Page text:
From left, Director of National Intelligence James Clapper, CIA Director Leon Panetta, and Lt. Gen. Ronald Burgess, head of the Defense Intelligence Agency, testify on Capitol Hill in Washington, Feb 10, 2011 (AP PHOTO)

From left, Director of National Intelligence James Clapper, CIA Director Leon Panetta, and Lt. Gen. Ronald Burgess, head of the Defense Intelligence Agency, testify on Capitol Hill in Washington, Feb 10, 2011 (AP PHOTO)

BY GARY THOMAS – Did CIA director Leon Panetta mislead the media on Egypt? Or did the media mislead the public on Panetta?

During congressional testimony Thursday on the annual threat assessment – scant hours before Egyptian President Hosni Mubarak’s latest speech – Panetta responded to a question on Egypt by appearing to confirm reports that President Mubarak was likely to resign, probably by nightfall. Within minutes, Internet headlines appeared and broadcasts blared that the CIA chief was heralding Mubarak’s imminent downfall. Agency officials hastily tried to damp that down, saying he was only referring to media reports, but the damage was done.

But what did Panetta actually say?

The CIA chief’s statements came during a line of questioning about intelligence reporting on Egypt. Charges have been made – mostly by politicians – that the spy agencies were caught off guard by the uprising in Egypt and failed to warn policymakers. And if there is one thing policymakers do not like, it is surprises.
First, Director of National Intelligence James Clapper said the spy agencies have long tracked the undercurrent of unrest in Egypt, but that it was impossible to predict what would spark unrest.

Then it was Panetta’s turn. He likened trying to pick that one spark that would ignite the situation to predicting earthquakes. Then, pressed on the current situation in Egypt, he said (from the transcript, italics added):

PANETTA: “…And as you can see, I got the same information you did, that there is a strong likelihood that Mubarak may step down this evening, which would be significant in terms of where — where the hopefully orderly transition in Egypt takes place.”
And later in the hearing, in a colloquy with Rep. Jan Schakowsky:
PANETTA: “… Let me say, just to make very clear here, that I’ve received reports that possibly Mubarak might do that. We are continuing to monitor the situation. We have not gotten specific word that he in fact will do that, but… “

SCHAKOWSKY: “Does that mean Suleiman would — would take over? Do we know that?”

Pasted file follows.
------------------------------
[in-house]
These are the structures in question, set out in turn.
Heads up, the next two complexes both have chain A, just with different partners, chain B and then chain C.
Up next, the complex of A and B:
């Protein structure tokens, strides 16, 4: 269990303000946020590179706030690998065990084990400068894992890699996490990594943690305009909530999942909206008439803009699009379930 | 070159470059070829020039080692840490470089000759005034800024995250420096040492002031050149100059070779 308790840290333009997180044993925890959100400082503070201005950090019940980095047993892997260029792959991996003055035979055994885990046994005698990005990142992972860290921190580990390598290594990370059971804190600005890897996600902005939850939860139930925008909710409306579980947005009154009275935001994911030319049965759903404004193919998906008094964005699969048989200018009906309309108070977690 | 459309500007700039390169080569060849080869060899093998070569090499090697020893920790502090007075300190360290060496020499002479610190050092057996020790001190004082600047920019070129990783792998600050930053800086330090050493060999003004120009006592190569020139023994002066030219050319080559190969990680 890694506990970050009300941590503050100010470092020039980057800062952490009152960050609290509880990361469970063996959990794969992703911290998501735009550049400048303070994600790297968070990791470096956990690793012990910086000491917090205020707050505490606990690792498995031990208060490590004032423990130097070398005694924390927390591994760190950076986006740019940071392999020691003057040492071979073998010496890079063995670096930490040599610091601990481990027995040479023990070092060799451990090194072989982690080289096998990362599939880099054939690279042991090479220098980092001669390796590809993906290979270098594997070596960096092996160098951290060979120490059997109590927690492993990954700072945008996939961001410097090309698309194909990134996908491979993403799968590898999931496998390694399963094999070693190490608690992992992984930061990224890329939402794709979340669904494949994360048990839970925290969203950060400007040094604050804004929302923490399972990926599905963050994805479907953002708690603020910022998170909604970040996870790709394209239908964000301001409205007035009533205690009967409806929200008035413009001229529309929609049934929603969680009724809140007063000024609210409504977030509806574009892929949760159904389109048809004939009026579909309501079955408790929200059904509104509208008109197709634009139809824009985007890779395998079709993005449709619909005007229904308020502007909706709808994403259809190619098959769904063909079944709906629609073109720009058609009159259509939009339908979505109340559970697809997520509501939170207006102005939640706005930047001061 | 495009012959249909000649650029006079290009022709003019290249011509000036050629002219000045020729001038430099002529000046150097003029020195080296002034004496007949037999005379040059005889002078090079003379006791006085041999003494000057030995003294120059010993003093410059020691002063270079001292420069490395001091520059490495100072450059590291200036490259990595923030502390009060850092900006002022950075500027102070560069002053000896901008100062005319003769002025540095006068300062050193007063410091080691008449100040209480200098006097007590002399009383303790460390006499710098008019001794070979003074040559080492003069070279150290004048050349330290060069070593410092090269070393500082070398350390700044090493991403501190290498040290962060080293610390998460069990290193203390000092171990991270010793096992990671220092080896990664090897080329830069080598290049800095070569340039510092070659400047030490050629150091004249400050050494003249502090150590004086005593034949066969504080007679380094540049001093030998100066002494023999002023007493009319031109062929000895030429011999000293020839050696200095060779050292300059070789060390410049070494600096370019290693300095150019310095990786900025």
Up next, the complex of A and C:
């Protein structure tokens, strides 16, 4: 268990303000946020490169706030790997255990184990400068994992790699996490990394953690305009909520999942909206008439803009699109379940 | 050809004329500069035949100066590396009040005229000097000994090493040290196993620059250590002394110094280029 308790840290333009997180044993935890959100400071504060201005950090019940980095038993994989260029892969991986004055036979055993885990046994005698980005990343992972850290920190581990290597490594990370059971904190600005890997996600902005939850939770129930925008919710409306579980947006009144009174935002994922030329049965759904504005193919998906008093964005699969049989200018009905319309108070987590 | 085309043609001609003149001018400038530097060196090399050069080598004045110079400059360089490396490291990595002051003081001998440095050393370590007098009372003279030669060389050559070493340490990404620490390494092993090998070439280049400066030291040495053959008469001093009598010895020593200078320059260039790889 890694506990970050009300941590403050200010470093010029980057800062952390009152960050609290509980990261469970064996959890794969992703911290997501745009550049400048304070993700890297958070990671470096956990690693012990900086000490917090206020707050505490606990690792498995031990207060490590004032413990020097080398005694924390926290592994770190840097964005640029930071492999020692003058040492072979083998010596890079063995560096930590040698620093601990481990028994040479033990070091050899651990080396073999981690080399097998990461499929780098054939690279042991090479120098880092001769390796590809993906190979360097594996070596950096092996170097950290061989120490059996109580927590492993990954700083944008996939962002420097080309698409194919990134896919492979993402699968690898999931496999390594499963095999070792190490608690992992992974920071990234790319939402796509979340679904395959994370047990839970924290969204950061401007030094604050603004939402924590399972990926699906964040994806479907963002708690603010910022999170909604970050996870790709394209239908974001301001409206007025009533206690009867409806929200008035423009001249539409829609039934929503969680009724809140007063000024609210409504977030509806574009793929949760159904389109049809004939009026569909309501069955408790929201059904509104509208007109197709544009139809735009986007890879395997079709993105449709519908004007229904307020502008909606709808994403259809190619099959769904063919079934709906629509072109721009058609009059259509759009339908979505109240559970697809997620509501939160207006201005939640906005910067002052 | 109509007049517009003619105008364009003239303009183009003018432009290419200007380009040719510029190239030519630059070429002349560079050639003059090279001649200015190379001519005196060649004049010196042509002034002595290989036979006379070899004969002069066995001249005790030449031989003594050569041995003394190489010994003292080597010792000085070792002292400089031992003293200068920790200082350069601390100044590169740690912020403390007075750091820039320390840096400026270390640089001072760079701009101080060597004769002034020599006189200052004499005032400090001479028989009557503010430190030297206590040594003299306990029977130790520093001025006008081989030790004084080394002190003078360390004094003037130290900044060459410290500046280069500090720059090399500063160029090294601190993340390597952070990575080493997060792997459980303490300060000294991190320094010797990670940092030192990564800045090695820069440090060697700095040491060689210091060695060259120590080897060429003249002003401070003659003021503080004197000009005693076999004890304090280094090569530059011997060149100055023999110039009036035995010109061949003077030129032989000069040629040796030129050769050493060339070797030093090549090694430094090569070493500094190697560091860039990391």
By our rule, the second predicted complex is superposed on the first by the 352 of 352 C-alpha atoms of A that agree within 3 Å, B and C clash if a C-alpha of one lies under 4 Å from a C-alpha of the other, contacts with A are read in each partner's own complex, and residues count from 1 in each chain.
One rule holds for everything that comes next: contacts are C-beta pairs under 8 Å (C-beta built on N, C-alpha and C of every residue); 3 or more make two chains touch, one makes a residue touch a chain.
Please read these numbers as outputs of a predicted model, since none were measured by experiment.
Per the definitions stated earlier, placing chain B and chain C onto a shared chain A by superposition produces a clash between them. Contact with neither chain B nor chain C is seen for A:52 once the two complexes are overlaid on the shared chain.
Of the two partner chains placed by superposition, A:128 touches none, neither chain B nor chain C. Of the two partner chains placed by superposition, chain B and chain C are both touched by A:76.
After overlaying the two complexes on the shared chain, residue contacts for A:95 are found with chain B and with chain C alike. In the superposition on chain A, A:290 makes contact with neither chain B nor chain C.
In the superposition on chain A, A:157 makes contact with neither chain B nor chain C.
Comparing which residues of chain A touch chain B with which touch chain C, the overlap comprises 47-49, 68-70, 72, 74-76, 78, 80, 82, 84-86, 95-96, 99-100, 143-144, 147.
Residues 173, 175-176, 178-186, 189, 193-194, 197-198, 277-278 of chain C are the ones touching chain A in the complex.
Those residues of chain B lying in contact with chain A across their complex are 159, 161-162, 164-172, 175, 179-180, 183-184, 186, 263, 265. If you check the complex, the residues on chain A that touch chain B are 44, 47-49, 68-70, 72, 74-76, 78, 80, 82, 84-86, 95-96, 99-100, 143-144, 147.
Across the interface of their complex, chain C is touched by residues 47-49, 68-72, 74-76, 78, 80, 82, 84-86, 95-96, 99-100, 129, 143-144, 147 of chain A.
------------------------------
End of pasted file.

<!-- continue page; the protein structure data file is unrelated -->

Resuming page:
PANETTA: “I — I don’t know the particulars of how this would work, but I would assume that he would turn over more of his powers to Suleiman to be able to direct the country and direct the reforms that hopefully will take place.”

Two things to point out here: first of all, Panetta never in fact said he got the information from intelligence reporting. It was vague, sure, but intelligence officers have to do be cagey. It may well have been from real-time media reports from Cairo, as his aides asserted. (And, it might be added, some intelligence types don’t like to admit they get key information from open sources, like radio, TV, and newspapers. Doesn’t quite have the same cachet as the secret stuff. But in the information age, they often do get it from open sources – and it might be wrong.)

Second, and most important: Panetta confirmed nothing. Look at the italicized phrases. He in fact offered carefully worded qualifiers: “strong likelihood that Mubarak may step down,” reports that “possibly Mubarak might” leave, but “no specific word” that he would.

It seems that many in the media did not carefully sift through what was actually said before blaring to the world that the supposedly prescient chief of the most famous spy agency in the world was confirming the departure of the president of Egypt. It underscores how the insatiable 24-hour news cycle has eroded standards of accuracy. (As an aside, with all due lack of modesty,  I am proud to say we here at VOA News, after much discussion, did NOT report that CIA Director Panetta was confirming Mubarak’s impending resignation. We’ll give ourselves a pat on the back for that, if you don’t mind.)

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